1 Tour Master Pivot 2 ballistic jacket - Highly recommended. I'm a leather guy. I struggled for a while before getting this jacket, but got it literally days before the trip. It remained fairly cool in hot weather and the did a good job of keeping me warm in cooler weather. Lots of air vents, most of which can be opened or closed while riding. Has a decent removable liner. The jacket is supposed to be rain resistant. It doesn't replace real rain gear, but did adequately well for brief showers. I was very happy wearing this instead of a leather jacket for the trip. Even if I didn't look as cool. Update 7/30/07 - The jacket was extremely dusty and dirty. I threw it in the washing machine with cold water (no detergent) and air dried it. I wore it today and noticed it had faded slightly. Not bad, and I'd probably be the only one to notice it, but I figured I would mention it.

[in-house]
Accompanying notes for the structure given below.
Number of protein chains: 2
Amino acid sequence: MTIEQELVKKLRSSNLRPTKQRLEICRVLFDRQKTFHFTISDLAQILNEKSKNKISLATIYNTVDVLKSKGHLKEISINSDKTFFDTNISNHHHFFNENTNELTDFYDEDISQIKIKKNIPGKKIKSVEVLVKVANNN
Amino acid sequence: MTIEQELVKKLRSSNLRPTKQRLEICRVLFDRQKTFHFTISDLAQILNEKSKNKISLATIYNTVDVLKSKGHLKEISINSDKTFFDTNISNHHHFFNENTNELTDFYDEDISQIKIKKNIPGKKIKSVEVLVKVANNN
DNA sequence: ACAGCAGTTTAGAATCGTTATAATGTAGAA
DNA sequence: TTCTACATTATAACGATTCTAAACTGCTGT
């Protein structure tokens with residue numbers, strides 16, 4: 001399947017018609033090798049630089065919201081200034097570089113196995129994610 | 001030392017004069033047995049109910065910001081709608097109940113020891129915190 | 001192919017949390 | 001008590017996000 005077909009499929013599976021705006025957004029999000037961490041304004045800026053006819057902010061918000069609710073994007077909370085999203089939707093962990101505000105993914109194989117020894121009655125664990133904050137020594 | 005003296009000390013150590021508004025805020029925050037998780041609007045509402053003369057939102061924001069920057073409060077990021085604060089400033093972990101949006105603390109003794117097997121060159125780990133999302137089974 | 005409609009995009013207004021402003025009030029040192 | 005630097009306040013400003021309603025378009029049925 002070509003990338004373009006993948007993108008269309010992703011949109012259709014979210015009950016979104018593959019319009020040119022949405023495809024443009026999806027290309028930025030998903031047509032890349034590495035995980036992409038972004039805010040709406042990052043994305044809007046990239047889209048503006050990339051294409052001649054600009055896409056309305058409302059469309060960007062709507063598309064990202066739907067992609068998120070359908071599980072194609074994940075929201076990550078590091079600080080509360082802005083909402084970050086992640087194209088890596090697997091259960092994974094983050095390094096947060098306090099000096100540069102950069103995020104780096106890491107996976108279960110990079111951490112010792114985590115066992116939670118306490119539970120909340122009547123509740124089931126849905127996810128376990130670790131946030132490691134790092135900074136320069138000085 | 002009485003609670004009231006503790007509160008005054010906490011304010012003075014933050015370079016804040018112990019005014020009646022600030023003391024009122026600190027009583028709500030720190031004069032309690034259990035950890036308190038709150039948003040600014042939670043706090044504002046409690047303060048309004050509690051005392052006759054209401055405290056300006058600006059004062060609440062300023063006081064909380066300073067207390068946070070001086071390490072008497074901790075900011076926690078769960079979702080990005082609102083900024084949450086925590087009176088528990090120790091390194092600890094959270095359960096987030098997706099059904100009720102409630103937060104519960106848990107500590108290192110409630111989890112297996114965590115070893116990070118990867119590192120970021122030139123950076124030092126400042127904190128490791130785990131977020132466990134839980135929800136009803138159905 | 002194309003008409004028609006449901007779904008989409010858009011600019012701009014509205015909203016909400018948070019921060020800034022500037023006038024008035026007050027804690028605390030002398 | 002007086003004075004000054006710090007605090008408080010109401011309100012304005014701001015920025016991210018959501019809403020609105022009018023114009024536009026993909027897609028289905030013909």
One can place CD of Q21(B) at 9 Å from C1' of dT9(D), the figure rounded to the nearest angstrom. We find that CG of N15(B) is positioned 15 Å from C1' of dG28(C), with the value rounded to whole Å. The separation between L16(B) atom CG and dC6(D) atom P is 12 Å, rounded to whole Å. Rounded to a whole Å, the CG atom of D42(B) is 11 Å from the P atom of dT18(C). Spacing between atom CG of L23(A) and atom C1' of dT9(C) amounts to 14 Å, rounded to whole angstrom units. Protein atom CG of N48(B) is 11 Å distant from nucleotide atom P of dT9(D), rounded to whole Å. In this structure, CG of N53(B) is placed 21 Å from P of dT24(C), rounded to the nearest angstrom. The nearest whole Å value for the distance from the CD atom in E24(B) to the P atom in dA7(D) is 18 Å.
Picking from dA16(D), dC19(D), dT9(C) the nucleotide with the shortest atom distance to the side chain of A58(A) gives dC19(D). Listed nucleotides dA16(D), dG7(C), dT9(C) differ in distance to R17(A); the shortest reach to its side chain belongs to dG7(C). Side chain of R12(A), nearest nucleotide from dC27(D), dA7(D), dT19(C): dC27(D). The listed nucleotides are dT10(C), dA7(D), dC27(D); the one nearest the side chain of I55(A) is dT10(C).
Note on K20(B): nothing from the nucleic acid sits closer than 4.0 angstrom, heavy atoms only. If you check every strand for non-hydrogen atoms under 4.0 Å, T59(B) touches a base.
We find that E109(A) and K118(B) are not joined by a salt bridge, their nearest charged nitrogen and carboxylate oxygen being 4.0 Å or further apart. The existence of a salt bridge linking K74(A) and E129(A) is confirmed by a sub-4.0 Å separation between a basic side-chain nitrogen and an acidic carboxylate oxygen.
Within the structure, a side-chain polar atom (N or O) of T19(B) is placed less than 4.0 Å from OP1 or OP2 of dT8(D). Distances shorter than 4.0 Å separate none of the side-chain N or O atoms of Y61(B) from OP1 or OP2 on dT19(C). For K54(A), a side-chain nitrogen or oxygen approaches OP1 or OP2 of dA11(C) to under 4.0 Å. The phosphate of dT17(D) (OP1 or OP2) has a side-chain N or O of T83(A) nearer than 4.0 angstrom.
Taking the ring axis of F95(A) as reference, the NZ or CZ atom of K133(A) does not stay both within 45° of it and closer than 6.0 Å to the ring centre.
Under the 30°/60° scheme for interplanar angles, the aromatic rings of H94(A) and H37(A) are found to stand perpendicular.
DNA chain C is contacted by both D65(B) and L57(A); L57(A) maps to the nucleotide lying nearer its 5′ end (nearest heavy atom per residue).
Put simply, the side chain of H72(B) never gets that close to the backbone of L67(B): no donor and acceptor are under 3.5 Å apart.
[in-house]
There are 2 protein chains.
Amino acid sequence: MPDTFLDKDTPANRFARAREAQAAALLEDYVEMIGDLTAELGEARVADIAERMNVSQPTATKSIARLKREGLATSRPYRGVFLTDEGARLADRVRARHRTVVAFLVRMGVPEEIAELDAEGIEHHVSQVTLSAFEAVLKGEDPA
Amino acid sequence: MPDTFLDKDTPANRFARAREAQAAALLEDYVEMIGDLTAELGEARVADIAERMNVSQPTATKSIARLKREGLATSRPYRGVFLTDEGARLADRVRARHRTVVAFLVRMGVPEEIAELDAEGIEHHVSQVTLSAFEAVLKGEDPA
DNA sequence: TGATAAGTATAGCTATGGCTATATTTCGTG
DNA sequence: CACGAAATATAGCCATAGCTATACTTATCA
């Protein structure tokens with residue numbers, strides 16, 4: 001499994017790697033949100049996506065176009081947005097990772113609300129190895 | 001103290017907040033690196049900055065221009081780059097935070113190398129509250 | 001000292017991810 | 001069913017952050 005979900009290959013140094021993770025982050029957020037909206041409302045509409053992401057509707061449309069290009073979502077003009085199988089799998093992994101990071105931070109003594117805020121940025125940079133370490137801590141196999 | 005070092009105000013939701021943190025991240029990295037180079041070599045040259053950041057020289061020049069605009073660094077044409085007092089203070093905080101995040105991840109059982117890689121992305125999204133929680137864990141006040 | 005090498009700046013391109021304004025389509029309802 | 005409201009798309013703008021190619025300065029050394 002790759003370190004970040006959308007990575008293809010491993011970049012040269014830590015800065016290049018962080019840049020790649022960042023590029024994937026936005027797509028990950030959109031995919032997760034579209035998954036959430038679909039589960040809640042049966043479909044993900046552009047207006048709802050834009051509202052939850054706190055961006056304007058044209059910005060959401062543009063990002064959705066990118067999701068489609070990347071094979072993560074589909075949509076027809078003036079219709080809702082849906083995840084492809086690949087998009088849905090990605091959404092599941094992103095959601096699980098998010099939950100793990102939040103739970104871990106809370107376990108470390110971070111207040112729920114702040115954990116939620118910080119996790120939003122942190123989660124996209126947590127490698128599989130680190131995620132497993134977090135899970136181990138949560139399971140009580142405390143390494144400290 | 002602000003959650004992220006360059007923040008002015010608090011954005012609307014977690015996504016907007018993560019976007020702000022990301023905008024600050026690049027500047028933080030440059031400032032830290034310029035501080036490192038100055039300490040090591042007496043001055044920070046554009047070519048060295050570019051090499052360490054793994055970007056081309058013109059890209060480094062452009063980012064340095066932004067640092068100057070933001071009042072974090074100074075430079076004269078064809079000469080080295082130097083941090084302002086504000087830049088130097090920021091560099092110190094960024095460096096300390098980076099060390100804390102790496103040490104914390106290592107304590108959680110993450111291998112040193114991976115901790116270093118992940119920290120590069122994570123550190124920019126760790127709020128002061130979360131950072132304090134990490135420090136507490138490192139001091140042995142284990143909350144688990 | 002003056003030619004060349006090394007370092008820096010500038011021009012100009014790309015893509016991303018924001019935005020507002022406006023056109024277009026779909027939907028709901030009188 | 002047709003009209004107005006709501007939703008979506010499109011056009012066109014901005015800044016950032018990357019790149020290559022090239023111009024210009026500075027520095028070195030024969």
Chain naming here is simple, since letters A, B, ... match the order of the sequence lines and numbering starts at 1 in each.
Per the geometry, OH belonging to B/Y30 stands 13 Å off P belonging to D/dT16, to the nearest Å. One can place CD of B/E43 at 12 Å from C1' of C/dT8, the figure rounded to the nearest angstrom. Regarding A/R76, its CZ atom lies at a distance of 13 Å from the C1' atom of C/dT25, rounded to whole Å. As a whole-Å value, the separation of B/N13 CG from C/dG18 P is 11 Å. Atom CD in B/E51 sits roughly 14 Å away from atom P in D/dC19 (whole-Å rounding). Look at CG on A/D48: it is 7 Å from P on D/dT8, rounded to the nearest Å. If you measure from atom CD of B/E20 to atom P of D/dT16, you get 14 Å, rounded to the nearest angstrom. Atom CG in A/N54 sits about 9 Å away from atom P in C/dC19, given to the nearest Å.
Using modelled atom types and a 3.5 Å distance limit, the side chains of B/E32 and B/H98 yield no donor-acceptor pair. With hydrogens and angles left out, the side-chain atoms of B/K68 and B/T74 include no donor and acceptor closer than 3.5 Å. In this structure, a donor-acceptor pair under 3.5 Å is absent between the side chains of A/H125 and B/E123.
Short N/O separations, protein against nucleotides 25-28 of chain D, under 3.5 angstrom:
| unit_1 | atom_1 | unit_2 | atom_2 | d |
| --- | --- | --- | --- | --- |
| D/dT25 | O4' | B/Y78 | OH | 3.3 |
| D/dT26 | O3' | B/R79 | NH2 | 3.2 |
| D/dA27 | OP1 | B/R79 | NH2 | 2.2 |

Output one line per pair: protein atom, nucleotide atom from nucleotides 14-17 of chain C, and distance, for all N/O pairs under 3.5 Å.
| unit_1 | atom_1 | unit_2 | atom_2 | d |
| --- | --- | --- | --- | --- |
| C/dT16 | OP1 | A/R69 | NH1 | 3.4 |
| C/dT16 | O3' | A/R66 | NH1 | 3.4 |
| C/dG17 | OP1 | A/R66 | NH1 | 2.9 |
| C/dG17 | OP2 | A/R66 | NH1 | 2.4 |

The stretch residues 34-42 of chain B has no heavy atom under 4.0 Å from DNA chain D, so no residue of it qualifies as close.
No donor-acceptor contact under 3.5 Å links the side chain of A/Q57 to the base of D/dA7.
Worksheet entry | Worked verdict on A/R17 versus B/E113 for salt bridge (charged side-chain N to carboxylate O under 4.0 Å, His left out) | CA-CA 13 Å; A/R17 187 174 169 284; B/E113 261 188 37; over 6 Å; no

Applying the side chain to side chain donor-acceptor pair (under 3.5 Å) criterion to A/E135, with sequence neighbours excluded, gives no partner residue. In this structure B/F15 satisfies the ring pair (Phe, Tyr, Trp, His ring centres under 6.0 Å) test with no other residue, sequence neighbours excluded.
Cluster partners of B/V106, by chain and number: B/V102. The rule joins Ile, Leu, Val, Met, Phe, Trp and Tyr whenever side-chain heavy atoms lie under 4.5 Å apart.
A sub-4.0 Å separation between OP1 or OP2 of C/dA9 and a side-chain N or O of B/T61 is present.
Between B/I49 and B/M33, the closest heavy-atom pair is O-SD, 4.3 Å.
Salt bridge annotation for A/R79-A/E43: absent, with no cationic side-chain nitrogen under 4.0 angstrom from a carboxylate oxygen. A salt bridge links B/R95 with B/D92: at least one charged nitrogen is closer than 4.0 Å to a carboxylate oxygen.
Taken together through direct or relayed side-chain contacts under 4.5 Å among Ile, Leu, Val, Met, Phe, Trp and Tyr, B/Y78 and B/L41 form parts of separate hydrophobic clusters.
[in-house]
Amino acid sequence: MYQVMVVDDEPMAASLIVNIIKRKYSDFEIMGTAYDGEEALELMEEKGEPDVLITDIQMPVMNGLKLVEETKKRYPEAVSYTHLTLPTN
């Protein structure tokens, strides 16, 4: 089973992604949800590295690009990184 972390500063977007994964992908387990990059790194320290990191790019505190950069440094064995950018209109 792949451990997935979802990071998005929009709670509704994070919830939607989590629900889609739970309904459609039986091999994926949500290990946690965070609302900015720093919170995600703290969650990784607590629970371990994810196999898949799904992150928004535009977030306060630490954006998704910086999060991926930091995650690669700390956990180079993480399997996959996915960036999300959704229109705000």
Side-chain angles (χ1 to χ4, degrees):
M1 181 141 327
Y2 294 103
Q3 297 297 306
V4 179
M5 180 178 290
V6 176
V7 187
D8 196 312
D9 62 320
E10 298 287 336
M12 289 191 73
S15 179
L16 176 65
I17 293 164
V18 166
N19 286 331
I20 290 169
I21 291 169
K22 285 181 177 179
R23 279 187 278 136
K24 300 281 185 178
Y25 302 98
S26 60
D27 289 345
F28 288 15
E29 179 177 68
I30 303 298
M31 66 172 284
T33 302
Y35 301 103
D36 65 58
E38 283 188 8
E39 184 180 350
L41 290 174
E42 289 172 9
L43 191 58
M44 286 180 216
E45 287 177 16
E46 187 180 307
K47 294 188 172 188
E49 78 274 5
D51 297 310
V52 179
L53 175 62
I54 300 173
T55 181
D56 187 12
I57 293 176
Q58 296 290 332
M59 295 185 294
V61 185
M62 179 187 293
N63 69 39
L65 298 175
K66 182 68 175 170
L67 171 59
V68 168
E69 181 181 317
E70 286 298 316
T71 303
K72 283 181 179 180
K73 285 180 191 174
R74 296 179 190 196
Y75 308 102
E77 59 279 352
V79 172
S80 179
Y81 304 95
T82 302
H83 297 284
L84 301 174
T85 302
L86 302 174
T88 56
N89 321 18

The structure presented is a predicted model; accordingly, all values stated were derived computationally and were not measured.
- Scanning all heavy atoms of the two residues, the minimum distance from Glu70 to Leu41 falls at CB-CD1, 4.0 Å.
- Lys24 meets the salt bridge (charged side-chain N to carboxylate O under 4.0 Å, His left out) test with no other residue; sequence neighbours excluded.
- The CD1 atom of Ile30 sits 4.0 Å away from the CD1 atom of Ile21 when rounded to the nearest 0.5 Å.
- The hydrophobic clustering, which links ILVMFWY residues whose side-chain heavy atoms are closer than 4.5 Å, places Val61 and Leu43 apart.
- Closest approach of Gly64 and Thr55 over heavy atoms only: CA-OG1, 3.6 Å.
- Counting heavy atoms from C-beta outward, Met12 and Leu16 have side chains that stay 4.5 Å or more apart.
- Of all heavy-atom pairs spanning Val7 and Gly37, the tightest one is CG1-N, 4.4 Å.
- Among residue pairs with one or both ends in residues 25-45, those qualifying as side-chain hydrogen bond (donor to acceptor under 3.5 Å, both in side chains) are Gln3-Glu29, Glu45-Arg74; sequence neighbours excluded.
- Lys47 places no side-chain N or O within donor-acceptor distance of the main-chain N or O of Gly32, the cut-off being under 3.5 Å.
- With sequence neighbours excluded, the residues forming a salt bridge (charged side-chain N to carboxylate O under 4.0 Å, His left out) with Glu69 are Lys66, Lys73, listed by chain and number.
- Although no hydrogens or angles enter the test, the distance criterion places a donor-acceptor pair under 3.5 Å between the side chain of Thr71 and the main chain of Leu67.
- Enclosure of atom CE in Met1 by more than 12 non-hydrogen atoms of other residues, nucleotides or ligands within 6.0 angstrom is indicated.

1 HD Rain Jacket w/reflective skulls - You need good rain gear for touring. HD's probably isn't the best, but it isn't bad. It kept me completely dry the entire trip when it was worn. The model I have isn't available everywhere (I was told that this model with the skulls is only a trial). I didn't care for he skulls, but when I bought it, it's what they had. The HD Bar and Shield on the back is starting to peel. Whatever.



1 pair HD Highland Rain Pant - Recommended. I had been wearing my pair for a while prior to this trip. The zipper on the thigh pocket busted and my crotch started to get wet in rain storms (previously had never gotten wet). I probably could have sealed the seems and figured out a way to fix the zipper, but they were really dirty and had taken a beating, so halfway through the trip I replaced them with the same exact model. Also realize, I wore my rain pants a VERY good portion of the trip even when it wasn't raining. It kept my jeans a lot cleaner, and up north it was cool enough it didn't matter.

1 pair of shorts/1 pair of swimming trunks - Recommended to take something else along to wear while you wash you jeans. I would have gotten by with just the swimming trunks and I did go swimming once at a hotel pool.